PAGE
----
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Title: Music in hospitals : anatomy of a process
Author: Preti, Costanza
Awarding Body: Institute of Education, University of London
Current Institution: University College London (University of London)
Date of Award: 2009
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The research engages with the increasing interest in the application of music in community health contexts. Previous research has tended to have a singular focus (such as on the effects of selected music on individual patients in a clinical setting) and to under-represent the role of the musician. Accordingly, the thesis sought to understand the nature, process and impact of live music in a hospital context from the perspectives of each group of stakeholders (musicians, patients, carers, medical staff and administrators). An initial web-based survey of music in hospitals led to a preliminary observational and interview study of eight musicians working in hospitals for a leading UK charity. The emergent data from these two sources was juxtaposed iteratively with related research literatures to explore the perceived reasons for musical intervention in clinical settings and the reported effects on the different groups of participants. The main fieldwork phase was a month-long qualitative study of a group of nine musicians in an Italian paediatric hospital, selected because it was relatively unique in offering a sustained programme of forty-five hours of music each week across the year for its patients. The fieldwork embraced observations of 55 musical interventions with 162 children (totalling 36 hours and 40 minutes) using a specially designed observation schedule, supplemented by video recordings and 68 interviews with members drawn from each participant group (musicians, patients, carers, medical staff and administrators). Subsequent thematic analyses - informed by grounded theory and systematic content analysis using Atlas.ti software - suggest that provision is generally valued by participants and, overall, having a positive impact on patients and hospital environment. Nevertheless, the Italian data suggest that there are also perceived negatives in such multi-faceted provision, related to the choice and variability of repertoire, musicians' relative status, available monitoring and support, and the often stressful nature of the work. Implications for policy and practice are discussed.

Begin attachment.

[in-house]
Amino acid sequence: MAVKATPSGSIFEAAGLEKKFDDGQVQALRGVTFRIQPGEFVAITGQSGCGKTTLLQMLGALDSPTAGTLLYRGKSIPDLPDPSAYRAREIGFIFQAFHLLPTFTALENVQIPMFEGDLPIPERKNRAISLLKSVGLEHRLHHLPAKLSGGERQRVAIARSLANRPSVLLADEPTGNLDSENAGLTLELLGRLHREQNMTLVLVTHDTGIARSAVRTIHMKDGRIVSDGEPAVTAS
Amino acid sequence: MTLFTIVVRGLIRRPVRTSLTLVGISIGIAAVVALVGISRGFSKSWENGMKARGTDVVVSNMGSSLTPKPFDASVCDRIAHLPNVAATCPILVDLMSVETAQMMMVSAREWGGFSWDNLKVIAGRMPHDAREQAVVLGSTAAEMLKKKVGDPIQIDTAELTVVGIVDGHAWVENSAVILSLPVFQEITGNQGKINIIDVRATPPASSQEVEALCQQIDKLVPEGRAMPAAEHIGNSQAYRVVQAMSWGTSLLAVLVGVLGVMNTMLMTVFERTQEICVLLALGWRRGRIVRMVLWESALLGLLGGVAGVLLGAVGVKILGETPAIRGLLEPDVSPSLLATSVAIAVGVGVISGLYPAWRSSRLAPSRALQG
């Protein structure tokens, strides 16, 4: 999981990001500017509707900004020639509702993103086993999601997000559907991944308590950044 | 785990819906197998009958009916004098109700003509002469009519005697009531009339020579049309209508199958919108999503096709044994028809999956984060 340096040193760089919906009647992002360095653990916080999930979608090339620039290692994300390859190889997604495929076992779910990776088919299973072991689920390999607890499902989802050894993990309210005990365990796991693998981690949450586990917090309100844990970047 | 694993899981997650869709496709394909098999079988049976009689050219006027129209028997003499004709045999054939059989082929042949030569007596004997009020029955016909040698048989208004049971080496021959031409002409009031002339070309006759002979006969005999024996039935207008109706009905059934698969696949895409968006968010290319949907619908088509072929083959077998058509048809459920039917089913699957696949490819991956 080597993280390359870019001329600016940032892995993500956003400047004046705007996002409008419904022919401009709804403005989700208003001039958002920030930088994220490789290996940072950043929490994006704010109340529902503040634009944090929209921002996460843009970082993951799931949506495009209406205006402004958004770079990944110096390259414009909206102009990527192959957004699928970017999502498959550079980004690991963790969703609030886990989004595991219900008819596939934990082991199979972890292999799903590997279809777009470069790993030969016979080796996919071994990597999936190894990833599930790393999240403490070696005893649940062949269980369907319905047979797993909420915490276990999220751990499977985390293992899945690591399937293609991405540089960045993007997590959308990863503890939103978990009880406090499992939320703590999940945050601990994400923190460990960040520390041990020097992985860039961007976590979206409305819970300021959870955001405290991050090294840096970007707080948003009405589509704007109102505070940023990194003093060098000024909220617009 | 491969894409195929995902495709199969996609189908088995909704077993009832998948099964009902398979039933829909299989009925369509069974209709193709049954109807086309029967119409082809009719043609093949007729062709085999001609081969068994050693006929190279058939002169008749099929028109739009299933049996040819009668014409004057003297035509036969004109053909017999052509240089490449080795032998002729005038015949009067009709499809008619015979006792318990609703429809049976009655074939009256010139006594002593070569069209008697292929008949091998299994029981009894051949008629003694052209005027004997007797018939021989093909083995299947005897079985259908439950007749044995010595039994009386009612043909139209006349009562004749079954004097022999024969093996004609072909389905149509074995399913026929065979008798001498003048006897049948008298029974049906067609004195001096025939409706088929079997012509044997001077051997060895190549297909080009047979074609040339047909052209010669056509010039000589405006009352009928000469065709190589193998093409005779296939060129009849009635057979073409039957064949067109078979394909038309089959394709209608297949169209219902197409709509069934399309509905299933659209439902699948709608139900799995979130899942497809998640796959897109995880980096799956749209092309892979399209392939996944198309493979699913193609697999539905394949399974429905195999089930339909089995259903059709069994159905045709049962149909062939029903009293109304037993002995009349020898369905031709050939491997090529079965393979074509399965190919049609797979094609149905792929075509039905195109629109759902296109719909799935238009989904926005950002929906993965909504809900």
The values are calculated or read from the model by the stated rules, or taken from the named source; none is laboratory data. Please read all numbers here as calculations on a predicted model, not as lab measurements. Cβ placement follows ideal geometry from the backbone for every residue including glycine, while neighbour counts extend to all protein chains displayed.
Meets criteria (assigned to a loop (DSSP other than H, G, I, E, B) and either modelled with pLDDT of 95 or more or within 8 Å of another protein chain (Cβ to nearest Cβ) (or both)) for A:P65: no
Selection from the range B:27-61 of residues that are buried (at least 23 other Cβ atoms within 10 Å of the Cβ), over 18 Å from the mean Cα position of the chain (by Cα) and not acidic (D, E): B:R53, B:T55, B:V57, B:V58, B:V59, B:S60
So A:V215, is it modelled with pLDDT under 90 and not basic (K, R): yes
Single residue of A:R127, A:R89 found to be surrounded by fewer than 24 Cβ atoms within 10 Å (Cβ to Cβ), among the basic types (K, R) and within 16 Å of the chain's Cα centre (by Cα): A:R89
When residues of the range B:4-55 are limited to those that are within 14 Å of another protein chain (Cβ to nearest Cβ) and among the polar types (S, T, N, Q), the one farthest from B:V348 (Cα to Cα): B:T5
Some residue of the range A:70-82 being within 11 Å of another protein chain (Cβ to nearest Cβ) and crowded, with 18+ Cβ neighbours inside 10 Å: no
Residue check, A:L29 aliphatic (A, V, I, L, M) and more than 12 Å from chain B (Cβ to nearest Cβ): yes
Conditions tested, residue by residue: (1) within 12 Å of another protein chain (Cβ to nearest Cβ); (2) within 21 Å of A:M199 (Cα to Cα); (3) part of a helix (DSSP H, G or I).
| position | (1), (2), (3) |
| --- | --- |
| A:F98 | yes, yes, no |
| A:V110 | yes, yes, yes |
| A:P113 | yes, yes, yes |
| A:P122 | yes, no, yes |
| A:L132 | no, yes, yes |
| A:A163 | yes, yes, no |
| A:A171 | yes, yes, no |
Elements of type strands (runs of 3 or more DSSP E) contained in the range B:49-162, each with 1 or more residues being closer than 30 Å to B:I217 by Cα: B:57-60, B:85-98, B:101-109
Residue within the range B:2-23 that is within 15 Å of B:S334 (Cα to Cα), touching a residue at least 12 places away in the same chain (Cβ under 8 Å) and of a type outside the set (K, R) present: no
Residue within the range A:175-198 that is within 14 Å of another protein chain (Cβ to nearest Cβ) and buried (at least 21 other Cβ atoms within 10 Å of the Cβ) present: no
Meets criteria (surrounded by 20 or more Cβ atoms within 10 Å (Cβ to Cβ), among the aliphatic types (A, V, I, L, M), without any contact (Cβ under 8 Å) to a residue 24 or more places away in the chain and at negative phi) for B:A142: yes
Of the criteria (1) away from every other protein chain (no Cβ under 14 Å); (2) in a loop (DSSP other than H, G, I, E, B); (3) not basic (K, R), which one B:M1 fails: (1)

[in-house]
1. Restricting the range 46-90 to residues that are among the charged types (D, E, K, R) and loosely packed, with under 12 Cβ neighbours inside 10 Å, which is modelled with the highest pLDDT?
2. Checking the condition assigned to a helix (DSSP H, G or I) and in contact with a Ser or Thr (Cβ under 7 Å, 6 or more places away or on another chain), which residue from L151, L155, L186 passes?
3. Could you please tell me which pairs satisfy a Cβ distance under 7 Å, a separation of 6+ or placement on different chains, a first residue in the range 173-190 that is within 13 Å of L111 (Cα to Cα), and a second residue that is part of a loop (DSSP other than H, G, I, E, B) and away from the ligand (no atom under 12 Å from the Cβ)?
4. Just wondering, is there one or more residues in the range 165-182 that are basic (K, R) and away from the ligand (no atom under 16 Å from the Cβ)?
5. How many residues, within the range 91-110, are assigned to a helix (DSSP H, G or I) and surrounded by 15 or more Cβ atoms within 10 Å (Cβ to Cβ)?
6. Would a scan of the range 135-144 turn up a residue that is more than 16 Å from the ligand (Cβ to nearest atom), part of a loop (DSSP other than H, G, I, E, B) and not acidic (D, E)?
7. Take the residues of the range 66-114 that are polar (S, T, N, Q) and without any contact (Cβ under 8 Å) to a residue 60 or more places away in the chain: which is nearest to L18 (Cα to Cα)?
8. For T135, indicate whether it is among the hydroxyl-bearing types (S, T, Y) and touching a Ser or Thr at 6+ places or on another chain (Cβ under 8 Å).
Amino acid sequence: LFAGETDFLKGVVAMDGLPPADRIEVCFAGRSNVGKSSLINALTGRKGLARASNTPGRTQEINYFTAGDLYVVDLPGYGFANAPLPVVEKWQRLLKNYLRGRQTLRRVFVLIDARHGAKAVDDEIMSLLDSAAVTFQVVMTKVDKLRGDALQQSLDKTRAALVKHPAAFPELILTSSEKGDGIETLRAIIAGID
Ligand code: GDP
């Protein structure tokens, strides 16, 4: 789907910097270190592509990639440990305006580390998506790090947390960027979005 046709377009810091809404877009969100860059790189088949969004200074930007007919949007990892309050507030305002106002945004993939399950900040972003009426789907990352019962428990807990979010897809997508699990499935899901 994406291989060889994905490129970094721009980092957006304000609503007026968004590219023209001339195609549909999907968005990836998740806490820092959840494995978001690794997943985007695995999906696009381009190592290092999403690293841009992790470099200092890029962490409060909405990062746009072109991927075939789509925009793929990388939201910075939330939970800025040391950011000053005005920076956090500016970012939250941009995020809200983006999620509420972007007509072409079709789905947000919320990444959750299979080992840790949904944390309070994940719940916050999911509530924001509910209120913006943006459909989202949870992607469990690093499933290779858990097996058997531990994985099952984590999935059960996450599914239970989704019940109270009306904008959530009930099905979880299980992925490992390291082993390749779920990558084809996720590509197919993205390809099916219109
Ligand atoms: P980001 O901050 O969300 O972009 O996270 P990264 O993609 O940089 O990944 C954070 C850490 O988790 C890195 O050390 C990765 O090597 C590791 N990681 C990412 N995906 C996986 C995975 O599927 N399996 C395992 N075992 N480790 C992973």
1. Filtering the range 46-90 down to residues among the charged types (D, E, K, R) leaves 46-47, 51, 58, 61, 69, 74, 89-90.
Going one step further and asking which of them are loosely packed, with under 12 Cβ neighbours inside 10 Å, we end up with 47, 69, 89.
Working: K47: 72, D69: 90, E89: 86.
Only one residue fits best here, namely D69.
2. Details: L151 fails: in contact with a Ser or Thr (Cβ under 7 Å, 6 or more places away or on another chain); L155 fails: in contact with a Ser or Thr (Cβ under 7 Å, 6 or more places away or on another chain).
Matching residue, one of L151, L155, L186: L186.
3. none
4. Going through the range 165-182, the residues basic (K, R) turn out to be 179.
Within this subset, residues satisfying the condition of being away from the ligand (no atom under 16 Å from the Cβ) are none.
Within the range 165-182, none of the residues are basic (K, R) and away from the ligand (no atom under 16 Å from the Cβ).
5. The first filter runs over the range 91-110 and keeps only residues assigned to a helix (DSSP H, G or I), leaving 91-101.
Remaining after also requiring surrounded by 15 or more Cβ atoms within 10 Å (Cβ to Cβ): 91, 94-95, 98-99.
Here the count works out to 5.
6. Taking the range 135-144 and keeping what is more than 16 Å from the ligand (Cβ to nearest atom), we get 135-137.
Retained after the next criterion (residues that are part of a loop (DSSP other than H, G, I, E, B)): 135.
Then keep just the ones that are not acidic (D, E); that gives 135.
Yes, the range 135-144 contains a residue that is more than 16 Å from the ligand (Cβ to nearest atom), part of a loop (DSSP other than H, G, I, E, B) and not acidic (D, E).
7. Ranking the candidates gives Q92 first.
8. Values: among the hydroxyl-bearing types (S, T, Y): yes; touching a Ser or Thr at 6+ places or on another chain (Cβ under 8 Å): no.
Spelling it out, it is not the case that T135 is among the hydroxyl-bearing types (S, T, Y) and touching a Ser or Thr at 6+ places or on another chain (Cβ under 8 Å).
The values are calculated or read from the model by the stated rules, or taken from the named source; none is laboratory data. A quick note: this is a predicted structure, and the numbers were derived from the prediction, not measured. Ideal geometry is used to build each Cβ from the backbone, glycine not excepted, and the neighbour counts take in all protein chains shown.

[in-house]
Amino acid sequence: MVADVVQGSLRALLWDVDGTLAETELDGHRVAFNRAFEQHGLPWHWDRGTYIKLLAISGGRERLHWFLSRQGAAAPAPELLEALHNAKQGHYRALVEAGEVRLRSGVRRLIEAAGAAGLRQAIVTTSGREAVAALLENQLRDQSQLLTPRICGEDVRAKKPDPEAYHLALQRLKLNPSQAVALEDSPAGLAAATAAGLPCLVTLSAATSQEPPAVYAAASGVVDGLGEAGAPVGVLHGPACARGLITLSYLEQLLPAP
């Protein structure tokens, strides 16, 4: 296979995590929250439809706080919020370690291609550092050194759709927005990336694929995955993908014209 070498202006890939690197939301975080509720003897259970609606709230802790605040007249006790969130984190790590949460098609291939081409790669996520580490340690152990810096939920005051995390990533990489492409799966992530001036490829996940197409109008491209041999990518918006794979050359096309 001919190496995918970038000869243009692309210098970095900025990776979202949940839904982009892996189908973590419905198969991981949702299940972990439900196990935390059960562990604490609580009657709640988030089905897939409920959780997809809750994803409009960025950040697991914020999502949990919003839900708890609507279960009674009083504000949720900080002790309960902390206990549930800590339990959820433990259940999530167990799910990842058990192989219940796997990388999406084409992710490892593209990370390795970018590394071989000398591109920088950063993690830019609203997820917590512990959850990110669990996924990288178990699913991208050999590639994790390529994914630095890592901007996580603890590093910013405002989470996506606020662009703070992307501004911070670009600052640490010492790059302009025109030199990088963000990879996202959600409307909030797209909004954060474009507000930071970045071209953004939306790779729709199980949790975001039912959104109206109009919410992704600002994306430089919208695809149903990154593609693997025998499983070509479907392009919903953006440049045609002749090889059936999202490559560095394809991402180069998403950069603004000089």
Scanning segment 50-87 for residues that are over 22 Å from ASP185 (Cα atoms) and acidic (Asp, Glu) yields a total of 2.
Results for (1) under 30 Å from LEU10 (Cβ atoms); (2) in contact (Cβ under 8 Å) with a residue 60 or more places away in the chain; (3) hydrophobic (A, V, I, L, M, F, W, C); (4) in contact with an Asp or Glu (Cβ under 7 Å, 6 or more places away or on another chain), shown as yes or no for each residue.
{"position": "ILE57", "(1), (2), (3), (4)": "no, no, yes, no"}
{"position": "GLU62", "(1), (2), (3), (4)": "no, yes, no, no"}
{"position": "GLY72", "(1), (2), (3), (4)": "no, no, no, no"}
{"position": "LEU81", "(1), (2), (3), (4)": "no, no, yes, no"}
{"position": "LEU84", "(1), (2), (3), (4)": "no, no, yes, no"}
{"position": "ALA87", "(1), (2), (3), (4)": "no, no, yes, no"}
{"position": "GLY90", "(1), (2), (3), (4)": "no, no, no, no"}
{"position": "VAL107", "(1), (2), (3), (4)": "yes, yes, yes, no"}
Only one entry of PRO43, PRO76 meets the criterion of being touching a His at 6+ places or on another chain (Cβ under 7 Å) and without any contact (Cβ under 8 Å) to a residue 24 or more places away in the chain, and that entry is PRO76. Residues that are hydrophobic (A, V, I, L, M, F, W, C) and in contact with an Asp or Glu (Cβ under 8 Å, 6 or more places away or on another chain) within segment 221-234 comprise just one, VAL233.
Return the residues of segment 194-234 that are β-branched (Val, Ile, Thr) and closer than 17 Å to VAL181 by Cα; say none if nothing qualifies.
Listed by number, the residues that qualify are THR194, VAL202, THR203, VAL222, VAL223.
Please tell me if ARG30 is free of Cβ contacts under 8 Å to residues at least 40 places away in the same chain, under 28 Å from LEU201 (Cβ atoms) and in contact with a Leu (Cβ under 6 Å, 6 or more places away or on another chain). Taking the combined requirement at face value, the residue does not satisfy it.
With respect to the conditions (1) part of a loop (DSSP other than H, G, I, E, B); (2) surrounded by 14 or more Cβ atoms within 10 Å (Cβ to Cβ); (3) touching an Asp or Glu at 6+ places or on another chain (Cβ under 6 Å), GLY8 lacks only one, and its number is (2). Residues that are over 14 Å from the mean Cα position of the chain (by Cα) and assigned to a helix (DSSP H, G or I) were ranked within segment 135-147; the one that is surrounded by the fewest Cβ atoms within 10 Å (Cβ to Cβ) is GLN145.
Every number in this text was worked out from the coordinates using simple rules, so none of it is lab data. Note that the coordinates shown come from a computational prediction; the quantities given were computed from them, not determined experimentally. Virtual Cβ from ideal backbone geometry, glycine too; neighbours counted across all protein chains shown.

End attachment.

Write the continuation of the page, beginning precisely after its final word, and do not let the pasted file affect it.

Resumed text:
Supervisor: Not available Sponsor: Not available
Qualification Name: Thesis (Ph.D.) Qualification Level: Doctoral
EThOS ID:  DOI: Not available